Friday, January 27. 2006
The Nation has a piece (beware, subscriber only, why?) called "A 'Top Ten' List of Bold Ideas" by Gar Alperovitz and Thad Williamson. I have nothing against bold thinking, even when most of the left is perpetually distracted doing damage control. But the prerequisite for bold thinking is better thinking, which for starters means thinking grounded in a better understanding of real problems and cognizant of what does and doesn't work. And it wouldn't be a bad idea to throw in a few practical steps along the way. I'm going to go through this top ten one by one, summarize as succinctly as possible, and hang my thoughts on at the end.
1. Real National Security. Three ideas: get serious about nuclear antiproliferation; spend more on homeland protection; eliminate energy dependence on the Middle East. The latter is one of those things that people say without thinking. The Middle East has nothing in particular to do with how much energy we use. That's a function of our economy, and the only brake on our use is cost. We increase that cost when we wreck the Middle East, but we also increase that cost when we boycott the Middle East. But in the long run the cost is going up anyway because the world's oil resource is being pumped dry. We might temporarily suppress prices by reducing demand -- by conserving or by finding other sources -- but not in the long run. And as long as the Middle East does have significant oil fields, we only hurt ourselves by hurting them. Of course, one big way we hurt ourselves is by driving people in the Middle East to attack us. If we could somehow figure out how not to do that most of these "real national security" costs would go away, and since they produce nothing much of value, that would be a plus for us as well as them.
And why should we care about a plus for them? Well, at bottom that's our real problem: we don't, and they know we don't, so when they suffer they have to figure that those of us who are not part of the solution must be part of the problem. Maybe that's unfair in principle -- our wealth is ultimately built more on our own hard work than on anything we ripped them off for -- but when you look back at history, even as recent as today's newspapers, you'll find a lot of bad things that we've done to them. And you'll find that our dominant ideologies of the pursuit of self-interest just fuel our misdeeds. We don't need to change that deep down, but we do need to recognize that policy can compensate for our sins -- indeed, one of the main reasons we need political institutions (both government and NGOs) is to do necessary things that business and markets can't do. Perhaps we can rationalize this change if we realize that it's in our self-interest not to appear to the world as a conceited, solitary, ill-tempered glutton surrounded by a sea of poverty and pent-up fury. After all, the only path to peace is in being a good neighbor. To do this, we need to build institutions that work, which means institutions that do the right things -- not a repeat of the post-WWII institutions that turned out just to be fronts for US control.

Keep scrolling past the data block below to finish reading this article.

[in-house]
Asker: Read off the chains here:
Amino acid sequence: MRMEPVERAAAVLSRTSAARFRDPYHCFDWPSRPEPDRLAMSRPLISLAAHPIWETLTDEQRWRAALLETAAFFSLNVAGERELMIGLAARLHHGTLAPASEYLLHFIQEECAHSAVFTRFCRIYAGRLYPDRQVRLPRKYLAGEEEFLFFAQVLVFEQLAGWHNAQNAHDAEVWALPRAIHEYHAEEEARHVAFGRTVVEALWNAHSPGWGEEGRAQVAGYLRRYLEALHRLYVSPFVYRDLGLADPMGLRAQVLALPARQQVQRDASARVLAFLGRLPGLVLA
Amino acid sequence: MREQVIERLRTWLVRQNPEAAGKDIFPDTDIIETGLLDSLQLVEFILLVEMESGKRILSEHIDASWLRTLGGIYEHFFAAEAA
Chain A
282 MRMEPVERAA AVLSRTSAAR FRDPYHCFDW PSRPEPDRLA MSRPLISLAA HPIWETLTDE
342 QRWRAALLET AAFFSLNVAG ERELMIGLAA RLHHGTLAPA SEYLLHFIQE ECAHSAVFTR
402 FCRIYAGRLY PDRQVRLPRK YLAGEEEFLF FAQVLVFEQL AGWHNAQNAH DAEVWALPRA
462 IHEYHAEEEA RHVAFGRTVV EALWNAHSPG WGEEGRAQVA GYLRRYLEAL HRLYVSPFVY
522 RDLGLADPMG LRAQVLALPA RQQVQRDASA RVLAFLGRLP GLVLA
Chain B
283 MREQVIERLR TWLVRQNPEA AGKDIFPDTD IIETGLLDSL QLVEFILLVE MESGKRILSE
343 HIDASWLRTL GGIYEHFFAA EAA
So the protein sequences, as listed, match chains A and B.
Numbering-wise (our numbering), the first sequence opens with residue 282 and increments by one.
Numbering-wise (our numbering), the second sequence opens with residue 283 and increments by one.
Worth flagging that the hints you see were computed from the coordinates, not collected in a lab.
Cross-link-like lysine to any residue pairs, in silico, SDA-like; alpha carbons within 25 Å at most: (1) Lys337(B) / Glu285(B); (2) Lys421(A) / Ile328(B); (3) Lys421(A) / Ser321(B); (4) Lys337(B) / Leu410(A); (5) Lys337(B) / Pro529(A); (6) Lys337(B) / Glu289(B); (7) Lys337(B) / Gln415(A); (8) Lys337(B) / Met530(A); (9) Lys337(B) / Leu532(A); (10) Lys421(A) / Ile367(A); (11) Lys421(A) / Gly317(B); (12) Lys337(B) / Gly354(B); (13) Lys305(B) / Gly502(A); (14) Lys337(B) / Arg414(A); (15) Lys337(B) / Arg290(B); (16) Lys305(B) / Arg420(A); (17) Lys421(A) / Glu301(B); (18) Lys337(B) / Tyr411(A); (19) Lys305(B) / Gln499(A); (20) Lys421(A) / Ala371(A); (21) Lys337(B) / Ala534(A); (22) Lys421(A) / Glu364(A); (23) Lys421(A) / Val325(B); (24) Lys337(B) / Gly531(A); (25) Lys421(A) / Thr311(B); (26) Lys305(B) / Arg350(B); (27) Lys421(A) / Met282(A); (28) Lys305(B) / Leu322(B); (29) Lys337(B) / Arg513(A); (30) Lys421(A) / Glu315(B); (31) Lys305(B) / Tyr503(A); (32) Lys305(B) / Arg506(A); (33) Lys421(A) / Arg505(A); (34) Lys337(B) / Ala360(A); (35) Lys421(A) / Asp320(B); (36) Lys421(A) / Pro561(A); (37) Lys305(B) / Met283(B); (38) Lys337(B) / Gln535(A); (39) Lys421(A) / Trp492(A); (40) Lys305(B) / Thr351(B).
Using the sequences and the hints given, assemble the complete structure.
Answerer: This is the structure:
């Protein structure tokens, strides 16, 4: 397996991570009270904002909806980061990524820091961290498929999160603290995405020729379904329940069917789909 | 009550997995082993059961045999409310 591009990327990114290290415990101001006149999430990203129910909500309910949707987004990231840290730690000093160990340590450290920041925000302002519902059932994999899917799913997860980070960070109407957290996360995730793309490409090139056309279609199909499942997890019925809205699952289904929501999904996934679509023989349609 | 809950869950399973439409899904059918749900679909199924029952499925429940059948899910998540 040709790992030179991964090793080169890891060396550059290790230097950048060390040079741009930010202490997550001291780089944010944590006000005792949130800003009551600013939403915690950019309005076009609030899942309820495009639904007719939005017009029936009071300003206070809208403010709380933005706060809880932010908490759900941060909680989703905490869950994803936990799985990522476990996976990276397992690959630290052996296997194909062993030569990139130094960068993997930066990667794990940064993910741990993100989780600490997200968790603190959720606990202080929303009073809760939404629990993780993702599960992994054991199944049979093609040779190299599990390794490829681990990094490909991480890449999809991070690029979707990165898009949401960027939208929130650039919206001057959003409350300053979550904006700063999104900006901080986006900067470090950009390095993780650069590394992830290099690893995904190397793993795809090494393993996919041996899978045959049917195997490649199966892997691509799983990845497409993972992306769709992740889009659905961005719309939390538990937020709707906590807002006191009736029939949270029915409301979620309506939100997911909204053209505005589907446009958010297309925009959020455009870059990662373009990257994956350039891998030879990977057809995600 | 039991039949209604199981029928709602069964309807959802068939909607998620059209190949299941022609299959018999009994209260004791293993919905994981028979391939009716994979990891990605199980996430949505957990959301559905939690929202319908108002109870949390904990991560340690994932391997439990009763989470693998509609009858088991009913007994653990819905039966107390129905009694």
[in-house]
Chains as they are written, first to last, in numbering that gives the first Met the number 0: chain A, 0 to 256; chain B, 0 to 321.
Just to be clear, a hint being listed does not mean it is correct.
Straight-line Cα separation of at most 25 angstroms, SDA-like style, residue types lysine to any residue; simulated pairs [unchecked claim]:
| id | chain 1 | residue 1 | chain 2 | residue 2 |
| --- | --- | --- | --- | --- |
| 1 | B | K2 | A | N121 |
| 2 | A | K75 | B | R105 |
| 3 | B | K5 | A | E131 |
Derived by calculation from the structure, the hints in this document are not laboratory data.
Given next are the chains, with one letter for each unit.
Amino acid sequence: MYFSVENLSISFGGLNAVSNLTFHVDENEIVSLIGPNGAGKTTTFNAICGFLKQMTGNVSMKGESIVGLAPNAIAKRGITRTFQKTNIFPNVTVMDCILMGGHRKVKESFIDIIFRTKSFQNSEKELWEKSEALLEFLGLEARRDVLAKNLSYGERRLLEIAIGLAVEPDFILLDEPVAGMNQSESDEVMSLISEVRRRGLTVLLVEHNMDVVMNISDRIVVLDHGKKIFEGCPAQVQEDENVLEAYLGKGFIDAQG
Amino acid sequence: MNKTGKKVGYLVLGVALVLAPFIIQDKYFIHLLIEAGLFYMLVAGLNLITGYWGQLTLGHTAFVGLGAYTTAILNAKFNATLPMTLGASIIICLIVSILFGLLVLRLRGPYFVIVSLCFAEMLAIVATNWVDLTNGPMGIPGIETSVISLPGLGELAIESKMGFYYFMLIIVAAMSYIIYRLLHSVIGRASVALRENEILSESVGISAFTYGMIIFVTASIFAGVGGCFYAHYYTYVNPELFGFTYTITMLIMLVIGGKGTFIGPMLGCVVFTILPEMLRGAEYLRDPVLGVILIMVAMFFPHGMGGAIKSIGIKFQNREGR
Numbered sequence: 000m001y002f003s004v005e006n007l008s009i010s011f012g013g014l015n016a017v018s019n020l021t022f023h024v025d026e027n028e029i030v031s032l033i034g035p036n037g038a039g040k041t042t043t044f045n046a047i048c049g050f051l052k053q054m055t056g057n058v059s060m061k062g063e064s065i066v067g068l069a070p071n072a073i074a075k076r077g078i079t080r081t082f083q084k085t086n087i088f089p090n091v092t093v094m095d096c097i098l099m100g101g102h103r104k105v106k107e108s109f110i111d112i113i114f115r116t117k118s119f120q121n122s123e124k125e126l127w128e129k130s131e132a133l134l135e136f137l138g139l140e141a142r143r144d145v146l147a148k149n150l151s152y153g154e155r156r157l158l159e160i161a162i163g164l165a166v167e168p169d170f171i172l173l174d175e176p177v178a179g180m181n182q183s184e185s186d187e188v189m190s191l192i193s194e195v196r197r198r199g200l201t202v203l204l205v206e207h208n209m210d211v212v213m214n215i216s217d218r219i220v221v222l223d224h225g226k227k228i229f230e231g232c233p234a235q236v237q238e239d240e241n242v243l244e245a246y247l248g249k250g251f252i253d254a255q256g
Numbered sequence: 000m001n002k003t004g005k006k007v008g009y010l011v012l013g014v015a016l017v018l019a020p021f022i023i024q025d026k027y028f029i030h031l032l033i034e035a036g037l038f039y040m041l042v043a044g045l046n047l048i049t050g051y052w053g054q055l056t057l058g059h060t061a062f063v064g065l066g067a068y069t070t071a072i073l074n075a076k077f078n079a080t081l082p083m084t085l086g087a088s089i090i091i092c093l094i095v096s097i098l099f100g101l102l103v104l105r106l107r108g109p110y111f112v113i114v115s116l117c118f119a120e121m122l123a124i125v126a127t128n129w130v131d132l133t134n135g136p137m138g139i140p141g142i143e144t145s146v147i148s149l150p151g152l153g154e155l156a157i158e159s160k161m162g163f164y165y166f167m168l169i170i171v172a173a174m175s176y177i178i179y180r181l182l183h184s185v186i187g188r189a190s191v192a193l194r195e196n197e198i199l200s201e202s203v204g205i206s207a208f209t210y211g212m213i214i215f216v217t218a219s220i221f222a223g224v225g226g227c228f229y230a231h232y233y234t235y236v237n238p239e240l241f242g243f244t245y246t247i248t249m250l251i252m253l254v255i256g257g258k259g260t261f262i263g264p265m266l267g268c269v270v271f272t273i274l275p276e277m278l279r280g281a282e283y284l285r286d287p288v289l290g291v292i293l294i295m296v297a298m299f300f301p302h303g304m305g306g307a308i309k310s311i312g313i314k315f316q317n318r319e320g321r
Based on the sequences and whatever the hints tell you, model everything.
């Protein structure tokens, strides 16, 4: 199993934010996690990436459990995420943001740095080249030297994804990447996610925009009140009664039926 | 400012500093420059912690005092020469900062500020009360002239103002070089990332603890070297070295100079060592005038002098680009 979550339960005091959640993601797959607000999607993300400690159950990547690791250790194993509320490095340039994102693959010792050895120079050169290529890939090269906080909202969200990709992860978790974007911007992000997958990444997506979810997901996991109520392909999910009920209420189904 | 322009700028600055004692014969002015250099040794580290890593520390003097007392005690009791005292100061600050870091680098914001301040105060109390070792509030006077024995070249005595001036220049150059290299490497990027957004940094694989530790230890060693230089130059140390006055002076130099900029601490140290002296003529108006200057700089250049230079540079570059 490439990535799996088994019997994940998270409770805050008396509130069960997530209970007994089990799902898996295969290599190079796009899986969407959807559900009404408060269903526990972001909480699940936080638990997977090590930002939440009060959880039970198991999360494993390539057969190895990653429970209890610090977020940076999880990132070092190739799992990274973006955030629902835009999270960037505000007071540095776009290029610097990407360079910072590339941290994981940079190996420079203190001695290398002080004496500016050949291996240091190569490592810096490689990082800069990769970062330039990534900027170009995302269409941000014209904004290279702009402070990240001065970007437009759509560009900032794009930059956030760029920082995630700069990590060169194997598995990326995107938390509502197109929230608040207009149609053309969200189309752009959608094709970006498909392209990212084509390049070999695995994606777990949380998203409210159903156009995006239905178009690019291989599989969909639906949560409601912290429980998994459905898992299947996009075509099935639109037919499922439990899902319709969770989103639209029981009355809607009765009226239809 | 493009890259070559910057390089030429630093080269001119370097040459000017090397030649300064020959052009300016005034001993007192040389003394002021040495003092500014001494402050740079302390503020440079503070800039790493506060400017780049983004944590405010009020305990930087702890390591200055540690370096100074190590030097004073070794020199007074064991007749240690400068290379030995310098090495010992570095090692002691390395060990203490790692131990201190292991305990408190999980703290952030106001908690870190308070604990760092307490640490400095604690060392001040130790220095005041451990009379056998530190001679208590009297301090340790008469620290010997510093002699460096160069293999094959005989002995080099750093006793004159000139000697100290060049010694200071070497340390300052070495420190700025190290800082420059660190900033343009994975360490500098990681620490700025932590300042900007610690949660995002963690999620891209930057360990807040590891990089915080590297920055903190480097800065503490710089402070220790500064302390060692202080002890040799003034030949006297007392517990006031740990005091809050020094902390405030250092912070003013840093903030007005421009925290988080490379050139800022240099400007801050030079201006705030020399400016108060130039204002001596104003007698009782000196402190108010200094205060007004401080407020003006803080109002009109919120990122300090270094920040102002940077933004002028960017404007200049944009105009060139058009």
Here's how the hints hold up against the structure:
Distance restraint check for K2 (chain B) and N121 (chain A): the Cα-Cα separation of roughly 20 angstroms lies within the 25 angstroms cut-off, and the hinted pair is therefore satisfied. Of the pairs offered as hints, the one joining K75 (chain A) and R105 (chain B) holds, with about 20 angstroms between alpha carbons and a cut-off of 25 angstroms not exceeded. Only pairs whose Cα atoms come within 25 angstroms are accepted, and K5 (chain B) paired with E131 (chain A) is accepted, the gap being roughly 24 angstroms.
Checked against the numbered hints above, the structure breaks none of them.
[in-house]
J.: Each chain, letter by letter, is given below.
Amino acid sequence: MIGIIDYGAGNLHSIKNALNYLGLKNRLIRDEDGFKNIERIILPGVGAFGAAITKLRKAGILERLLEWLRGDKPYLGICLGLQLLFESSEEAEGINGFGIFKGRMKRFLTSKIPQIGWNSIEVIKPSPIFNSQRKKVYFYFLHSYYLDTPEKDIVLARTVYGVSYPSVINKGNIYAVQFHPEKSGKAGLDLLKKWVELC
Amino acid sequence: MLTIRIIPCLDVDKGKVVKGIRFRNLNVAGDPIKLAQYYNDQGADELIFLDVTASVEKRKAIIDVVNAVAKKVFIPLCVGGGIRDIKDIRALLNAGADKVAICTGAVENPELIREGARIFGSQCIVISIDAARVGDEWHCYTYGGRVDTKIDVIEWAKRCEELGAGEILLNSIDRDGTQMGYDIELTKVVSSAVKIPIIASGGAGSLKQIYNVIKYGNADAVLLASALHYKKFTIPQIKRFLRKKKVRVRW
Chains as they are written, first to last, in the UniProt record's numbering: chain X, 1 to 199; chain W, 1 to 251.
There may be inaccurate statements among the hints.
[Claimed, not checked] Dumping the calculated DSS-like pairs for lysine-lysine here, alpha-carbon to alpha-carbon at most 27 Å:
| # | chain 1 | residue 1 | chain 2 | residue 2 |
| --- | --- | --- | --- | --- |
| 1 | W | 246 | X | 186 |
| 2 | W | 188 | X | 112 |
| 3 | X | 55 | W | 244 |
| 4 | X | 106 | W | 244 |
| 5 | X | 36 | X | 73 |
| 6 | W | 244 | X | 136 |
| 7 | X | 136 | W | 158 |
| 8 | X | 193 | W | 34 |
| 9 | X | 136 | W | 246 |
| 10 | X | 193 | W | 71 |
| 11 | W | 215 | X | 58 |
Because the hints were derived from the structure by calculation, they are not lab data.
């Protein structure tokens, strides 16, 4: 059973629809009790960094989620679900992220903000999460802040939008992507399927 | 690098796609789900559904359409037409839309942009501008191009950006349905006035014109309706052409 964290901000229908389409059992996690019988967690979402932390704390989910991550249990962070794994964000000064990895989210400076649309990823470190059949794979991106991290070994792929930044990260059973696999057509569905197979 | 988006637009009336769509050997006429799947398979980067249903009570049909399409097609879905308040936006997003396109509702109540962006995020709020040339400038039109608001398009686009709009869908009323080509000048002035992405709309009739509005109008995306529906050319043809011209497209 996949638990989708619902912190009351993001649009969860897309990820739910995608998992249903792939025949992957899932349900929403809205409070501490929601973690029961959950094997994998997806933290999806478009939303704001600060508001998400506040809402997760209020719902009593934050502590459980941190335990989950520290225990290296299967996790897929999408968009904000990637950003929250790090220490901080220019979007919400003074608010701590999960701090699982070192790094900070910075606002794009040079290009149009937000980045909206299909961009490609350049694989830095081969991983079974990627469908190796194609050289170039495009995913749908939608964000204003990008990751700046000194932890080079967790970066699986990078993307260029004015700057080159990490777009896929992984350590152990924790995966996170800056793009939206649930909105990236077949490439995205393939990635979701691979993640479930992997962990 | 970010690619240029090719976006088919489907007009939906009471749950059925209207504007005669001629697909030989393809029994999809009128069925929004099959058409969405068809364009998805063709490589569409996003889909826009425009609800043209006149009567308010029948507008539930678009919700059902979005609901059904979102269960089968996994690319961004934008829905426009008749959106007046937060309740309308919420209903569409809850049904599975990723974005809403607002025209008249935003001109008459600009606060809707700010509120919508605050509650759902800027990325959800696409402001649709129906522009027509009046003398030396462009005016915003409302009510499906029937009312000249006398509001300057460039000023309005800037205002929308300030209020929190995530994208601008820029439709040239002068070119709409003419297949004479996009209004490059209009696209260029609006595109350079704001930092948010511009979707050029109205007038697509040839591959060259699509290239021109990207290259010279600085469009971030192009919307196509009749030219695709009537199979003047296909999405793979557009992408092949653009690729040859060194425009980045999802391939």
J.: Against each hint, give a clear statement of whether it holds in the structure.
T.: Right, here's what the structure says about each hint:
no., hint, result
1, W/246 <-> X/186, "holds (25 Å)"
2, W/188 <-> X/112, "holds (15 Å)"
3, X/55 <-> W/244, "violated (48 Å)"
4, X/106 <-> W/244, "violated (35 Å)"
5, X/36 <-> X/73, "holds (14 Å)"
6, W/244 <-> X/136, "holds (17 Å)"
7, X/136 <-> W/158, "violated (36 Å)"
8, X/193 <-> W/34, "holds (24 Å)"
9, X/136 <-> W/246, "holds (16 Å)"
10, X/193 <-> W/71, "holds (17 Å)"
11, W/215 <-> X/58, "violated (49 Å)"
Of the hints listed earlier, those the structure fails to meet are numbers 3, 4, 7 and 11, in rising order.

Horrible as nuclear weapons are, proliferation is only a small part of the problem, and would quickly become manageable in a world where conflict is reduced and fairly arbitrated -- i.e., in a world with viable international institutions working under broadly accepted guidelines regarding human rights, national rights, environmental standards, fair trade, development aid, etc. But at the same time nations such as the US need to dismantle or convert their unilateral and allied forces that cast a pall over less powerful countries. For instance, it is well known that the key to nuclear nonproliferation is nuclear disarmament by the great powers. The political challenges here are huge, as the US has refused to participate in such obvious treaties as the elimination of chemical and biological weapons -- a constraint we hypocritically insist others follow -- and even mines. Moreover -- well, the catalog where the US is a major obstacle to world peace and justice is astonishingly large.
One reason why the US is in this position is our paranoid obsession with security. Given this, the big problem with A&W here is that they propose to increase our appetite for security, not reduce it. The plain fact is that even if the US had no military beyond the minimal self-defense forces that Japan, for instance, has, no nation would have the slightest interest in attacking us -- domestically, anyhow. And such a reduced international footprint would cause us far less trouble abroad. Perhaps there would be economic costs to American (multinational, really) businesses abroad, but even there nearly all nations are eager to attract foreign investment, and those that aren't tend to be extremely marginal.
2. Single-Payer Universal Healthcare. Well, duh! The market has failed massively here, and the insurance companies are the most obvious of the problems, but the problem goes far beyond this, and the solutions aren't always so obvious. The core idea is that equal, universal access to quality health care should be a publicly-supported right. But it's not clear what's the best way to split the system between the private and public sectors. And it seems quite unlikely that the "incredible 15 percent of our GDP" we currently spend on health care can or will be much reduced. (We are accustomed to spending that much, and savings can always be reinvested in higher quality, which is likely to be desirable.) And there's always the question of how to move from the current system to anything better. One sensible proposal is to build on the current medicare system to progressively expand coverage of the uninsured, and to expand the VA system (which will probably be necessary anyway given the fiasco in Iraq) to increase supply and limit prices. The pharmaceutical industry can rather easily be limiting patents, and any shortfall in research and development can be financed publically, with the added benefit that data be public.